Review of the Week: 23rd–29th June 2011


The week at a glance

Apart from the first signs of autumn wader passage, it was a relatively quiet week again. What focus there was remained on Scotland, though, with some quality record-breaking seaducks to be found.

The moulting scoter flock in Aberdeenshire remained the focus of a great deal of attention this week, and this close scrutiny certainly paid off. The first-summer drake White-winged Scoter was last seen off Murcar Golf Course on 24th, with the flock there also holding up to five drake Surf Scoters and 90 Velvet Scoters. No sooner had the site dropped off the radar, though, than it came back with a vengeance, with a drake Black Scoter commuting between Murcar and nearby Blackdog on 27th–28th. This flock has now held all five species of scoter in the space of a few days, and must be the only site to have held this honour. The Black Scoter may well be the same bird as first reported as a distant possible at Murcar on 13th June, although the belated report of the possible drake at Bamburgh (Northumberland) on 12th–16th June, having been missing since April, suggests that there may be two birds involved.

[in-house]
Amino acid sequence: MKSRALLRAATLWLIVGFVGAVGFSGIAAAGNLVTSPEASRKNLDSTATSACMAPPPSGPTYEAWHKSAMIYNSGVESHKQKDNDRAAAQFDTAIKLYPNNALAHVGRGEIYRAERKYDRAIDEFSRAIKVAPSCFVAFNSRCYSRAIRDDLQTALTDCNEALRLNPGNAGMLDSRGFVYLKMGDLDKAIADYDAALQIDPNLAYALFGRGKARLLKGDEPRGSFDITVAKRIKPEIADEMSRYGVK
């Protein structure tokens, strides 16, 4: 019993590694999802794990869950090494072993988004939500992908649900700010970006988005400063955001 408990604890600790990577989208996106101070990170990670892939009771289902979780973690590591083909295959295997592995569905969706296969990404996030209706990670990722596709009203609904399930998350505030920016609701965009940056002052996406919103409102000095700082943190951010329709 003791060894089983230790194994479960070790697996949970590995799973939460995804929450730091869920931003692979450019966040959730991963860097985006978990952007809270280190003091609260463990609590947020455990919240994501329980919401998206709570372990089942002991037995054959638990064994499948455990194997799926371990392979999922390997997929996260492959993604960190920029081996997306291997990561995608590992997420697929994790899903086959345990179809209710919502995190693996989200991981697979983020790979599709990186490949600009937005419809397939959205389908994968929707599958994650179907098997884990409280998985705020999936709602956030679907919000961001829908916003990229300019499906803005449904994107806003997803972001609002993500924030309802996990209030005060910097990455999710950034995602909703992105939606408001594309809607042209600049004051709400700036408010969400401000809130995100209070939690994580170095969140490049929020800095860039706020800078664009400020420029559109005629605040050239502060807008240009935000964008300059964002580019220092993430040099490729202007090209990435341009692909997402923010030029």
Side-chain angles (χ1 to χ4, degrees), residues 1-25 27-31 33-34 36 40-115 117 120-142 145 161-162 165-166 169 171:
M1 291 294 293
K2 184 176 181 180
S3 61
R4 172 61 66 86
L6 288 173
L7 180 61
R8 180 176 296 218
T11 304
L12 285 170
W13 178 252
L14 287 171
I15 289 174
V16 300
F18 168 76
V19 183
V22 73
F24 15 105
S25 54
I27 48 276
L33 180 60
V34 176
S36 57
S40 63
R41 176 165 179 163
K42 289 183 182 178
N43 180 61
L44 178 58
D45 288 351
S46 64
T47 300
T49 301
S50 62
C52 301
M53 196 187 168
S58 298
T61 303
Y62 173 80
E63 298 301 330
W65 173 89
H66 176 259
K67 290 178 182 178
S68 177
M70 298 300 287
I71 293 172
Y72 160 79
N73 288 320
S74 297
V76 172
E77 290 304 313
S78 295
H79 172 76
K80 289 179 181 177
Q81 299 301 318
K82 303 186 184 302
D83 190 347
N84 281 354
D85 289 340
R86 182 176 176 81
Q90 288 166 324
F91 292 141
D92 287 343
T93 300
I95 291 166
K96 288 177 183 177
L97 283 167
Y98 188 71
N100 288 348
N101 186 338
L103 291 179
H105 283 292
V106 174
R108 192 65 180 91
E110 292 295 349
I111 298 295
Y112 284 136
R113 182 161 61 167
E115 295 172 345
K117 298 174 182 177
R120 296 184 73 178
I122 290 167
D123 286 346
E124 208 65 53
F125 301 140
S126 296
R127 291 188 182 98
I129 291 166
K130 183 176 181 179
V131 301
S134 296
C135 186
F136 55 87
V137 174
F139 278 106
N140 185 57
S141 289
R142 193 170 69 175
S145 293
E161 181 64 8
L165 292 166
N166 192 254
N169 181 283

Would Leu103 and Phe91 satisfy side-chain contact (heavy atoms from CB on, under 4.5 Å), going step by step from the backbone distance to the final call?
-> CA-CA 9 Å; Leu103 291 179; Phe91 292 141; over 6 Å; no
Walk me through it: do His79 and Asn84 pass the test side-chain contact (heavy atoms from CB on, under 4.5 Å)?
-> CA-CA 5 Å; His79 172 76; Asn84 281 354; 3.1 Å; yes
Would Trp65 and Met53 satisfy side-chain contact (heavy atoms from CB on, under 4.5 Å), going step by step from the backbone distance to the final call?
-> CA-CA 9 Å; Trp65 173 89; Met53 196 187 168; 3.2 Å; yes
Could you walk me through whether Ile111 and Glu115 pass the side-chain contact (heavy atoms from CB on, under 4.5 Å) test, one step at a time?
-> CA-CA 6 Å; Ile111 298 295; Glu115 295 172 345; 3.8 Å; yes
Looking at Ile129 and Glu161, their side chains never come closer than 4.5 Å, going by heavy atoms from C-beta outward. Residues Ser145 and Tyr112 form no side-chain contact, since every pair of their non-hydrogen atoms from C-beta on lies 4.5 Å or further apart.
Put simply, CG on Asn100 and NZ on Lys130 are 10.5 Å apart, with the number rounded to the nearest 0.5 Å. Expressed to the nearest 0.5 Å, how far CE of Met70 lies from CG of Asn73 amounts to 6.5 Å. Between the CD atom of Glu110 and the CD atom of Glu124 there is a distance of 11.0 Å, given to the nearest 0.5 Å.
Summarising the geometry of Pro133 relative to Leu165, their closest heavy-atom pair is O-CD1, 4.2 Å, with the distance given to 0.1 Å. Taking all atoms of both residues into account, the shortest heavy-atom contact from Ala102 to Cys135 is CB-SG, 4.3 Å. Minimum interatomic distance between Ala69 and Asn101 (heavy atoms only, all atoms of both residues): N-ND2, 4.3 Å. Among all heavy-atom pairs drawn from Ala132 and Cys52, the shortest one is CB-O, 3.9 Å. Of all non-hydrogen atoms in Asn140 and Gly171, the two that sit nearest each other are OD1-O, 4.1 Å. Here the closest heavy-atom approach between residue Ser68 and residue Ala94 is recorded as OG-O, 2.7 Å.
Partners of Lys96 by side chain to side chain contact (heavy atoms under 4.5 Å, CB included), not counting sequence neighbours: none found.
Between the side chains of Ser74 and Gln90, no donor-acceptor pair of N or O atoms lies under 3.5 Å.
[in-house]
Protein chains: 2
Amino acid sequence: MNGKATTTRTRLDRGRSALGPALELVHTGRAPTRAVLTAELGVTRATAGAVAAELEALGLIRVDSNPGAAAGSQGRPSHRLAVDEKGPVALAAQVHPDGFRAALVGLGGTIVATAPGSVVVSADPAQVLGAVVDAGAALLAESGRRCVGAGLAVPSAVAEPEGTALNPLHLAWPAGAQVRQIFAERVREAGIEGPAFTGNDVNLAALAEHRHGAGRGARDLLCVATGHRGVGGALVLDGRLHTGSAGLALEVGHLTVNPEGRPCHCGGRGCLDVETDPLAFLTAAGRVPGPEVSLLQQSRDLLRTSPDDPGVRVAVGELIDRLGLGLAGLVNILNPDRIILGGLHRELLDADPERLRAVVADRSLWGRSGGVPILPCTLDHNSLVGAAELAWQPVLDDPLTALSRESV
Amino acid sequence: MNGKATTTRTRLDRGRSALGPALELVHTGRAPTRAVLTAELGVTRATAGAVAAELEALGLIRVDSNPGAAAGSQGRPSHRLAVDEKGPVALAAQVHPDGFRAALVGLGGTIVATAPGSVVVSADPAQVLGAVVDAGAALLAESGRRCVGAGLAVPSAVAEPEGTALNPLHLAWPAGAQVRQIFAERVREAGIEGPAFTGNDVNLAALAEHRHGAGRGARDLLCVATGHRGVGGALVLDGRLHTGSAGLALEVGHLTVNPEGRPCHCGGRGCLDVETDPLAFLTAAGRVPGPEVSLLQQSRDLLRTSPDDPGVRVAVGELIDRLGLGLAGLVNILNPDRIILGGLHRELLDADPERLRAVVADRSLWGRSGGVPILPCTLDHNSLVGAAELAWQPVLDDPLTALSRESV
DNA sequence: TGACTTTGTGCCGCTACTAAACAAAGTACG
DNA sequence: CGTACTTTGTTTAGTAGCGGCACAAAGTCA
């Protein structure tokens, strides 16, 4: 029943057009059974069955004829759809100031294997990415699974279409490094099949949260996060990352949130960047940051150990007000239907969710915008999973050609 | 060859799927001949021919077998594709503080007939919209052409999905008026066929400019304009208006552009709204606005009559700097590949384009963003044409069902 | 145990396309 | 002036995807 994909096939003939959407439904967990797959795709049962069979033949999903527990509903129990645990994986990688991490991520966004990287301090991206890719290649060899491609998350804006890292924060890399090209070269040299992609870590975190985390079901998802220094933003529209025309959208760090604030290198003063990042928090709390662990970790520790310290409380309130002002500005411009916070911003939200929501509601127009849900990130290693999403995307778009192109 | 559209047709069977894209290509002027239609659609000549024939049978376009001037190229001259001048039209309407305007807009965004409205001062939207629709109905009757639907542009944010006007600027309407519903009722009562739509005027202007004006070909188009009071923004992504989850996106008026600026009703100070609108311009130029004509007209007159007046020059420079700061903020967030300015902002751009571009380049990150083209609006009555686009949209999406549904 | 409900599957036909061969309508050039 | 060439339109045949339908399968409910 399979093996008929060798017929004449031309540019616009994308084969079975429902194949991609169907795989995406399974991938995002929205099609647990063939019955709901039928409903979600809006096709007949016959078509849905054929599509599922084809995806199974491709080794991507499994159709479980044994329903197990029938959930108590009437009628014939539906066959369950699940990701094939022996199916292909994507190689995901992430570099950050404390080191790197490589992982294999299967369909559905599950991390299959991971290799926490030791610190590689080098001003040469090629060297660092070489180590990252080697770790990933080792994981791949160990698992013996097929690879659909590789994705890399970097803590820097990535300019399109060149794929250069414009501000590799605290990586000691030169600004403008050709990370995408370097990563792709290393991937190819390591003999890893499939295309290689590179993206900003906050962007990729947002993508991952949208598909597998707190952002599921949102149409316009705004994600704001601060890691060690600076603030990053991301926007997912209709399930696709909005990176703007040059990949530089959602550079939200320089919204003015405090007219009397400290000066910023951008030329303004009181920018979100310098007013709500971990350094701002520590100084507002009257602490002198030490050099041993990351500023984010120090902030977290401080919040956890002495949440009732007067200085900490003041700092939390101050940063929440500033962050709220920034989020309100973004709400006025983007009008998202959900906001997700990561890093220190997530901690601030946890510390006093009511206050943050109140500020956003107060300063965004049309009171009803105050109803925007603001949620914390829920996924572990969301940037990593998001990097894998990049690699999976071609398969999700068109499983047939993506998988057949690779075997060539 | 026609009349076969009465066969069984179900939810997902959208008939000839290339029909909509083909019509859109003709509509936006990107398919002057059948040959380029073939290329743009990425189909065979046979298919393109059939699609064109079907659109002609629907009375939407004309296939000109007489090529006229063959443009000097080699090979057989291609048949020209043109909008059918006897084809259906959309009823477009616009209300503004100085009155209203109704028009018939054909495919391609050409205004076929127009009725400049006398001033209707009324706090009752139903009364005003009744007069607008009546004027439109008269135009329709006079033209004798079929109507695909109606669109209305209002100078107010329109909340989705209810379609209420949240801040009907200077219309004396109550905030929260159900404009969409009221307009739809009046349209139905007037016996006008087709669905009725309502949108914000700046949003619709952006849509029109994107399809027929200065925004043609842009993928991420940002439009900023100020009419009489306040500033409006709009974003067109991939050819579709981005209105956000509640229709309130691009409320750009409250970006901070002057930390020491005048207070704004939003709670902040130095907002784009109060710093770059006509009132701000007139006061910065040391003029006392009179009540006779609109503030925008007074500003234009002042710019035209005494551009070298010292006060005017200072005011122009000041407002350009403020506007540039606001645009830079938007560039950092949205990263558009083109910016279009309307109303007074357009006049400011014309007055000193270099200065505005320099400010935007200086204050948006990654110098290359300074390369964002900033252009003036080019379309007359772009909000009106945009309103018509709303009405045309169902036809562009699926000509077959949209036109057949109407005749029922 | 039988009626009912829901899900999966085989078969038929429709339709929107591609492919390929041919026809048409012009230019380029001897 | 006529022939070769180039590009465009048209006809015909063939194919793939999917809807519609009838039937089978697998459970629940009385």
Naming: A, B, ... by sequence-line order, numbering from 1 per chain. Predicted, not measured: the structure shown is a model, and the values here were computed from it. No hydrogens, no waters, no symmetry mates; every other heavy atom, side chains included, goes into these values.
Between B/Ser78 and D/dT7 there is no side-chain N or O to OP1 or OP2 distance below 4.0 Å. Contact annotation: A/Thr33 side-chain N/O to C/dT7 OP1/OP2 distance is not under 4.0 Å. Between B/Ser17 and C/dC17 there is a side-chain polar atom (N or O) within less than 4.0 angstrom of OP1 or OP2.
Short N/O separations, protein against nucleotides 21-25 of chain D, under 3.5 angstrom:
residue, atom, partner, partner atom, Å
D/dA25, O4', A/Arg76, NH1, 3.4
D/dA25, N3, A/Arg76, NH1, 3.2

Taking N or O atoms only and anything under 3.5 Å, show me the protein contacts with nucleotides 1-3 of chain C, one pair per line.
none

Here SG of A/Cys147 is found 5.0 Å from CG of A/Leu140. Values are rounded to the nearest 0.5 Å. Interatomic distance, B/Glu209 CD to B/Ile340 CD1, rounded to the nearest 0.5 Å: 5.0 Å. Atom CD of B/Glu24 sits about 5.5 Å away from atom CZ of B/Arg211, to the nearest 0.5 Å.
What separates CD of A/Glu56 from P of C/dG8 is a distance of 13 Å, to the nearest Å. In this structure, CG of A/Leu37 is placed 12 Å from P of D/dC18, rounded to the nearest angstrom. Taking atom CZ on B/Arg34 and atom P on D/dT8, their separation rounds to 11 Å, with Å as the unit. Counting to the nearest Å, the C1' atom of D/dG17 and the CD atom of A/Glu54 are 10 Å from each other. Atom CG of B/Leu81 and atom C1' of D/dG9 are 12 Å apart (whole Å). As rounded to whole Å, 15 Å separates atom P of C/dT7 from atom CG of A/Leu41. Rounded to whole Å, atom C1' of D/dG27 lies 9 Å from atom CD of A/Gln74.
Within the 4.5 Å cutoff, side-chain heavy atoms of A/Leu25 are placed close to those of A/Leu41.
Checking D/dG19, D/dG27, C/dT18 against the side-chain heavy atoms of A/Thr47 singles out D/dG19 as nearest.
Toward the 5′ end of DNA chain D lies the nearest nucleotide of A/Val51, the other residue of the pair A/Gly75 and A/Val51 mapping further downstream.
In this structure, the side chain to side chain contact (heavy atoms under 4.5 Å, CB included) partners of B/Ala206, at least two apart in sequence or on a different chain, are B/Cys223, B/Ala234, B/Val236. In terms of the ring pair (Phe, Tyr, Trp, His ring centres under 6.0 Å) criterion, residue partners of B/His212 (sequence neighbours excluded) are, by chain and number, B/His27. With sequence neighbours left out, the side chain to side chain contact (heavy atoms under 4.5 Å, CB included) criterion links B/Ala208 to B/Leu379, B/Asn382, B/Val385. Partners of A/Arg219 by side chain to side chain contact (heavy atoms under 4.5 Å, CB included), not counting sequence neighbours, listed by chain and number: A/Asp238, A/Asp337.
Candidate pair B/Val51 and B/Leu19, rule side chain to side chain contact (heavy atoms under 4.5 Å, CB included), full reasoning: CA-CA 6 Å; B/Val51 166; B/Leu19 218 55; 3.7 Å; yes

White-winged Scoter
White-winged Scoter, Murcar GC, Aberdeenshire (Photo: John Nadin)

Surf Scoter
Surf Scoter, Murcar GC, Aberdeenshire (Photo: John Nadin)

Also in Scotland, the summer-plumaged Greater Sand Plover was again on the beach at Dornoch (Highland) on 24th, having been last seen on 17th. It was refound by the local SOC group, but didn't stay long. Interestingly, there was also a belated report that possibly refers to this bird, and once again it was in Northumberland. This was a report of a sand plover sp. for just five minutes on 4th June at Cresswell Ponds.

The possible Steppe Buzzard also remained at Tunstall Forest (Suffolk) all week and continued to generate plenty of discussion. The House Crow was reported from Cobh (Cork) on 24th. One last 'possible' of note was a report of a male Baltimore Oriole at Gairloch (Highland) on 27th, though this couldn't be confirmed or relocated.

Steppe Buzzard
Possible Steppe Buzzard, Tunstall Forest, Suffolk (Photo: Chris Mayne)

The adult Ross's Goose was back at Loch Leven (Perth & Kinross), reported on 23rd. Small numbers of Ruddy Shelducks also remained, genuine or otherwise, with two birds still at both Slimbridge (Glos) to 26th and Rutland Water to 28th, and a singleton at Blithfield Reservoir (Staffs) on 28th.

Other wildfowl remaining included the female Blue-winged Teal at Chew Valley Lake (Somerset) to 24th and the drake Black Duck at Garbh Eilean (Highland) to 26th. The pair of American Wigeon at Loch Mor, Benbecula (Outer Hebrides) on 26th are presumably the same as those on North Uist in May.